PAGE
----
The pink fairy armadillo is the smallest member of the armadillo family, measuring only about five to six inches in length. It is also the only armadillo in which the dorsal shell is almost separate from the body. Baby armadillos resemble their parents, but their shells do not completely harden until they are fully grown.
These armadillos prefer to burrow in very dry soil. They leave their burrows if it is moistened by rainfall. They often burrow near anthills so that they can be close to their food source. The pink fairy armadillo generally lives by itself. The animals stay in their burrows during the day and feed at night. They are remarkable diggers.
When you first see one, you may think it cannot really be an armadillo because it is so tiny. The smallest of the species at about 3.5 to 4.5 inches in length, it weighs only about 4.2 ounces. It has a long tail and is pink in color, which makes it very unique. The shell is very thick and is covered with fur on the underside.
This animal is native to Argentina and is mainly found in grassland areas or regions where there are cacti or thorny bushes. If you come upon it very quickly, it will become frightened and bury itself in a matter of seconds. It lives in burrows in the ground, which are usually located quite close to ant colonies, because they are its main food. It does however, also eat plants and root material, small worms and snails, as well as insects.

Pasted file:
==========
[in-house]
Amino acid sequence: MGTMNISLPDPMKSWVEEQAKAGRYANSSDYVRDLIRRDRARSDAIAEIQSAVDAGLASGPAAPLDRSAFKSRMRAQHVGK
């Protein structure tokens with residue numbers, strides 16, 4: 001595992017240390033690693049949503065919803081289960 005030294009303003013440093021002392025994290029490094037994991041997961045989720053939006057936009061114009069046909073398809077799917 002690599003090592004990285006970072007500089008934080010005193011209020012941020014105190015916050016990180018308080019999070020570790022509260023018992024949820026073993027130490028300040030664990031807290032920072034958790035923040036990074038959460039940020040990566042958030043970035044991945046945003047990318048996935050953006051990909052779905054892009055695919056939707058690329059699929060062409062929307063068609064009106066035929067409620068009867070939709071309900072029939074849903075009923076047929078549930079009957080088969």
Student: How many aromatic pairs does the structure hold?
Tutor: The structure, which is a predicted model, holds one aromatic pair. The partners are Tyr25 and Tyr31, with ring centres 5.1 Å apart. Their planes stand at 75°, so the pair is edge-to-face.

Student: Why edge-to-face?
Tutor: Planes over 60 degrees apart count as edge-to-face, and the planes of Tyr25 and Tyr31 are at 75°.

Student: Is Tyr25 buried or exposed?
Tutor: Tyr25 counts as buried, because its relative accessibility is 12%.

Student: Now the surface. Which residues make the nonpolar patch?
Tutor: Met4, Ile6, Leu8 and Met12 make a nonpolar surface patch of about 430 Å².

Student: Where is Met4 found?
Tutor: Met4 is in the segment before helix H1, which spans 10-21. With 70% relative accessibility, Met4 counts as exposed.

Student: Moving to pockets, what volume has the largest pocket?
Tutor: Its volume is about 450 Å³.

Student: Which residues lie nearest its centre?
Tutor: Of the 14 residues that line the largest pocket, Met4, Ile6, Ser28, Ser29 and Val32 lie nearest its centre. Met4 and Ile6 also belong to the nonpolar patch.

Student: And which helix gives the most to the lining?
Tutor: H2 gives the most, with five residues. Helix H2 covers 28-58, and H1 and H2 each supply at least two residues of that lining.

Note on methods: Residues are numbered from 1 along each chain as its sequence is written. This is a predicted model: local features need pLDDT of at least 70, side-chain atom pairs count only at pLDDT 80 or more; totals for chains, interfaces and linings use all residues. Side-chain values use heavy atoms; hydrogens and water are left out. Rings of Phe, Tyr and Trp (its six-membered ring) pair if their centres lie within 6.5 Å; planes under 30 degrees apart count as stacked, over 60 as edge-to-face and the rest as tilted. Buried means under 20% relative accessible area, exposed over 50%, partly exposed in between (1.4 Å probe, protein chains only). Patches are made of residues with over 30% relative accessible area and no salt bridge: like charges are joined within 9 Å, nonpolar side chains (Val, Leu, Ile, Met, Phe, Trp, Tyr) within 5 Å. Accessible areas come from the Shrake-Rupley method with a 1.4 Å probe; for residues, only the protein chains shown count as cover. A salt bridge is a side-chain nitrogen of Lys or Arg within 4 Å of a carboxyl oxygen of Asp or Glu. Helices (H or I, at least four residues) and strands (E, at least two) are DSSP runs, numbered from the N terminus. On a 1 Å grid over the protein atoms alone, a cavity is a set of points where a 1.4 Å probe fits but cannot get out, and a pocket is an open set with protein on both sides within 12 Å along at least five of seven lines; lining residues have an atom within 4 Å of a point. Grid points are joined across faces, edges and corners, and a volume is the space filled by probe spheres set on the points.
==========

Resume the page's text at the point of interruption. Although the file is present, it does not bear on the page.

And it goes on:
The pink armadillo spends most of its time underground. It has long front claws that allow it to move the sand in its path, very much like it is swimming, which is why it has been called a sand swimmer.
The pink armadillo is shaped somewhat like a torpedo and the shielded head protects it from the dirt and sand as it makes its progress under the earth. When it is inside its burrow, it also has the ability to close the entrance by using the armor plates on its body as a cork.
In addition to its small size, one can easily distinguish the pink fairy armadillo from other species of this group of animals by its dorsal shell. It is the only armadillo that has a dorsal shell that is completely separated from its body. The shell covers the head but does not extend to the rear of the body.
The pink fairy armadillo has a pointed nose and small eyes and ears. Since it is not able to lift the tail, it drags it along the ground. These are nocturnal and solitary animals until they find a mate, which they stay with for life. The female gives birth to only one pup at a time and the shell on the young does not become hard until they are fully mature.
Pink fairy armadillos are without doubt among the absolute cutest creatures you will ever see, but high on the endangered species list. Perhaps we should be grateful that we still can see them in the wild, and let's hope that continues to be the case.